TeenHollywood: So this is a big “I’m a man” role for you?
Josh: I’ve gone through my teen stage and I’ve gone through, I think, my coming of age story stage, and this was the first role that I was able to be a man in, to speak to things that are important to me now at this point in my life rather than at 23 or 24 and looking back on a different portion of my life.
TeenHollywood: How do you think this role will change your career image? You’ve had a pretty wild ride.
Josh: I have no idea. After 16 years, the one thing I know is I don’t know much. Acting is a fickle mistress, the sands are constantly shifting and there is no way of predicting it. I try not to worry too much about career paths and arcs but to keep myself as happy as I can each step along the way. If you had asked me at 13 whether or not I thought I’d be in North Carolina for six years of my life, at 18, I’d have called you crazy. At the end of that if you had told me that I would spend the better part of the last three years traveling around the world working on films, I would have also called you crazy. If, even a year ago, you would have told me that I would be making a movie where my name would come directly under Anthony Hopkins and Helen Hunt’s, I would have thought you were really nuts so things are constantly shifting.
TeenHollywood: Did you have any background in politics at all or did you have to research for the role?
Josh: The specifics of it I didn’t know at all because I’d never worked inside of a campaign which is a very specific subculture. There is a culture that does that for a living, goes from campaign to campaign. For this guy, he’s a true believer. It’s not just candidate du jour. He was a believer in Bobby, a believer in the message and a believer in this moment of change in American history. There was a little bit of research that had to be done. I grew up in a very politically conscious, politically active household. Politics and religion were discussed often and usually loudly at my table growing up so that idea of being able to articulate your ideas and articulate them forcefully and passionately, that wasn’t new to me.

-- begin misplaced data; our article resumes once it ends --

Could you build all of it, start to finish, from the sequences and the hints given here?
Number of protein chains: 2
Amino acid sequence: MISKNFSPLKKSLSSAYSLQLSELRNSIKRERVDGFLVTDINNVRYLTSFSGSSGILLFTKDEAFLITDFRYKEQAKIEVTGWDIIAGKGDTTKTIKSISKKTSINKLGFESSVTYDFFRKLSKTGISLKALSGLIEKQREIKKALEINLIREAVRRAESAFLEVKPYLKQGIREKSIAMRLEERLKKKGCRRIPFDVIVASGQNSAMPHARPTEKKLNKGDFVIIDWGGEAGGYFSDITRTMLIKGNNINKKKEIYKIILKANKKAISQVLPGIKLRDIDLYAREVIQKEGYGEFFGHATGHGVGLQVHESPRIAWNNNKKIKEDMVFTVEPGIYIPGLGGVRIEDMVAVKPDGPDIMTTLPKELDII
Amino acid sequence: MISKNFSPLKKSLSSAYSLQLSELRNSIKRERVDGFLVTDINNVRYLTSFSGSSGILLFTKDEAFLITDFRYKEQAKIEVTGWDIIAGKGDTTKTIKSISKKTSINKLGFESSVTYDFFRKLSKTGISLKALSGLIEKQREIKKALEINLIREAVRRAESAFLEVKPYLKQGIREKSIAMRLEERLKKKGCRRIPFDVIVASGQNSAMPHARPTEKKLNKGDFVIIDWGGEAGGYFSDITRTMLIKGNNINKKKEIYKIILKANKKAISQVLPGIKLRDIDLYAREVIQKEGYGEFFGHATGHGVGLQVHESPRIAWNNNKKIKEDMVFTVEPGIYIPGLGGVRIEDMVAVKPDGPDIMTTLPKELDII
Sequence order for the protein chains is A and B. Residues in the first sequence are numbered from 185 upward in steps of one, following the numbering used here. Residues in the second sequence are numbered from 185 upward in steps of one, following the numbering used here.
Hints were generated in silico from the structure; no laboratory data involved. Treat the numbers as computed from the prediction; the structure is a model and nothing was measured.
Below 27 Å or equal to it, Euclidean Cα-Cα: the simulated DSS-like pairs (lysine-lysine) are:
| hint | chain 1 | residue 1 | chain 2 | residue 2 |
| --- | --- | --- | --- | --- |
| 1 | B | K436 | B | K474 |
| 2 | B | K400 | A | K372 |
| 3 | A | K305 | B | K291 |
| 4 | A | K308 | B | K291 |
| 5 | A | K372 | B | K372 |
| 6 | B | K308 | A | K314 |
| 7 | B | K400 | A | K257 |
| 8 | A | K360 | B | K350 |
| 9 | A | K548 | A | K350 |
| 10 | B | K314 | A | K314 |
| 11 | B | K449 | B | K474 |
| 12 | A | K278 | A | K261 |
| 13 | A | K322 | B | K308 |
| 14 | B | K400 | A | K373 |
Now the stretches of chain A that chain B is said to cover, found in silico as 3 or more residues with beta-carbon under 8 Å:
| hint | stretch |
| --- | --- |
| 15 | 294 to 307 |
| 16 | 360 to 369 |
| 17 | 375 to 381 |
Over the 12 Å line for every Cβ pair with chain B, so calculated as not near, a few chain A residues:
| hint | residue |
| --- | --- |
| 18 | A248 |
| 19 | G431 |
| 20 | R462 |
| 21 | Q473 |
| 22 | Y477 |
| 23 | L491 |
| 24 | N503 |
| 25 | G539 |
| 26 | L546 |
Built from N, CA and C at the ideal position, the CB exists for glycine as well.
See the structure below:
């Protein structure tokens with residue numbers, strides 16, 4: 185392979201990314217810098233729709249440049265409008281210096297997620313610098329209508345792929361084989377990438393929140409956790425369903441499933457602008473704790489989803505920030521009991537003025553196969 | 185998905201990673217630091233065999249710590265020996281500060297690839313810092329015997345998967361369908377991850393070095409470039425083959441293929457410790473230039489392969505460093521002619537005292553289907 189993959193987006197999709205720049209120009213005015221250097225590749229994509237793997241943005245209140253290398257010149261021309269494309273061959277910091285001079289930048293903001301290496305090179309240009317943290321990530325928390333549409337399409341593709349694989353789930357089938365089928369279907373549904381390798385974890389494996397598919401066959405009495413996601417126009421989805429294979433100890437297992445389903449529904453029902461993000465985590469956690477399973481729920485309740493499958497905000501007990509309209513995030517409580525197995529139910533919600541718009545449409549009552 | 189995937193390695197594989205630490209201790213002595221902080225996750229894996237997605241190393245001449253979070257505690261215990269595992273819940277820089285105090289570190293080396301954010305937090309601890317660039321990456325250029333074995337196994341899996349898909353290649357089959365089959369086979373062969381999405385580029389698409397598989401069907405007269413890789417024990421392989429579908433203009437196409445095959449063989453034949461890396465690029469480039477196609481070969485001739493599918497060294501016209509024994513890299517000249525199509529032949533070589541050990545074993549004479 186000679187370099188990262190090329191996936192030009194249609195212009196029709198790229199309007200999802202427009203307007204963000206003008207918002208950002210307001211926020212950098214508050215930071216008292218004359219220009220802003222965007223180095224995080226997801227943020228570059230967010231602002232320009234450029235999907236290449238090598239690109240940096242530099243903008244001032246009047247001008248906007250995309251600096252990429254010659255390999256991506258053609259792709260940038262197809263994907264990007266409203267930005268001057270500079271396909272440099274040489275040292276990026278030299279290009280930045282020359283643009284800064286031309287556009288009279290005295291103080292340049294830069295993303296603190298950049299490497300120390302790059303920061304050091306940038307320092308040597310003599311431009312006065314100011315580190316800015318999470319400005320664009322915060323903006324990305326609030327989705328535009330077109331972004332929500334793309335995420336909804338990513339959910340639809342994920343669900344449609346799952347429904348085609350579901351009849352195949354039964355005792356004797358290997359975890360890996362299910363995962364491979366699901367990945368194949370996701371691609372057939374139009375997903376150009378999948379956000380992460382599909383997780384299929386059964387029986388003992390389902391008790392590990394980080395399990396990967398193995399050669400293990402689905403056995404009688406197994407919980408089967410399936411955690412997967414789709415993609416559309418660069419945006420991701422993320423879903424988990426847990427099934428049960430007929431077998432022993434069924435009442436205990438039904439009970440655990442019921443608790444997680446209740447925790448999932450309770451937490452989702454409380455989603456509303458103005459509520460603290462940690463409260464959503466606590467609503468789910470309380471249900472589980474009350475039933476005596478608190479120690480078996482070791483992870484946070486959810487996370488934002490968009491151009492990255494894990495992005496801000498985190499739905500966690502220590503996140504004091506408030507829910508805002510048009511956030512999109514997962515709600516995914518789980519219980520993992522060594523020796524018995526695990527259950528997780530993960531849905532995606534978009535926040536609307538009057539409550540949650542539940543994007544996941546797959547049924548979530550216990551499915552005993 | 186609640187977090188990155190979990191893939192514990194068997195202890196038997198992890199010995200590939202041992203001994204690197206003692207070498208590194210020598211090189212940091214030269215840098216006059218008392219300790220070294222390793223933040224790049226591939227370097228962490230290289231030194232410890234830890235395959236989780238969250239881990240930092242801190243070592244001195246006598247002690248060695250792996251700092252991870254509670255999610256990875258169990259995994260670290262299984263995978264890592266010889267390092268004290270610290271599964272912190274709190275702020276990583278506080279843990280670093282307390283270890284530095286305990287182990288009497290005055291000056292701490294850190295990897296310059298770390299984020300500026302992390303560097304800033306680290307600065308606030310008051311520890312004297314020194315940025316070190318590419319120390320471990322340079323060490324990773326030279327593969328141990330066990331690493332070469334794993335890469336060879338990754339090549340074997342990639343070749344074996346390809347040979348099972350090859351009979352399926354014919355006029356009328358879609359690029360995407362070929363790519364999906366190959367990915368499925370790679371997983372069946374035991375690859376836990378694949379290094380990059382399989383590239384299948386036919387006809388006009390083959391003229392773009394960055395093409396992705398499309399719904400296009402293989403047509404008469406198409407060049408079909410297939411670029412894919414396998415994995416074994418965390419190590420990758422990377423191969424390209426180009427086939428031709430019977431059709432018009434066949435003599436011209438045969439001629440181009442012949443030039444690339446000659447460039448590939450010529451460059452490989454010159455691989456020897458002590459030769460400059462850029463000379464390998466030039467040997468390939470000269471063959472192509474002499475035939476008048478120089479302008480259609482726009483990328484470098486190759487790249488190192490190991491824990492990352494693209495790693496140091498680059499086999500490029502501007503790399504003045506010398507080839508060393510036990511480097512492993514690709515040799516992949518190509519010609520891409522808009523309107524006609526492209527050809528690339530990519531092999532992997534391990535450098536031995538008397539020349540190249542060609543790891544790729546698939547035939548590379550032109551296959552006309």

TeenHollywood: Did you look into the very different way of dressing in that era? Does that help you really get into character?
Josh: Actually it was nice and a relief after playing contemporary roles. There was a formalism to expression, not only verbal but physical expression in that era that I found actually really endearing. It was fun to play with being buttoned-up and having the tie on and being aware of your appearance before you walk out the door and also, because these were young campaign workers, they understood that they were physically the face of Bobby before he arrived so there was a consciousness about their presentation and who they were. These guys were very conscious of the fact that they were the best foot forward so to speak and they wanted to maintain that image for Bobby.
TeenHollywood: We hear that you had a really intense costume designer on the film.
Josh: Well, our costume designer is a wonderfully eccentric, brilliant woman. I’ve never had a more specific costume design I guess. Whole characters were built in this woman’s head and she was specific and, if she disagreed, she would absolutely tell you. You walk in and she’d say ‘where were you born’? ‘Vancouver’. ‘No, no, no, no. You left him at the door. Where were you [your character] born? How did you come to work for this campaign? What does Bobby mean to you? Are you a working class guy? Are you an intellectual? Are you a blue collar boy? What is your association with the Kennedys? Why are you working in the Civil Rights movement?’ Really specific stuff beyond ‘do you like French cuffs or skinny ties?’ It certainly put you on the balls of your feet.
TeenHollywood: How much research did you do into 1968 and what did you learn about Bobby Kennedy? We understand that Emilio had films and books for everyone.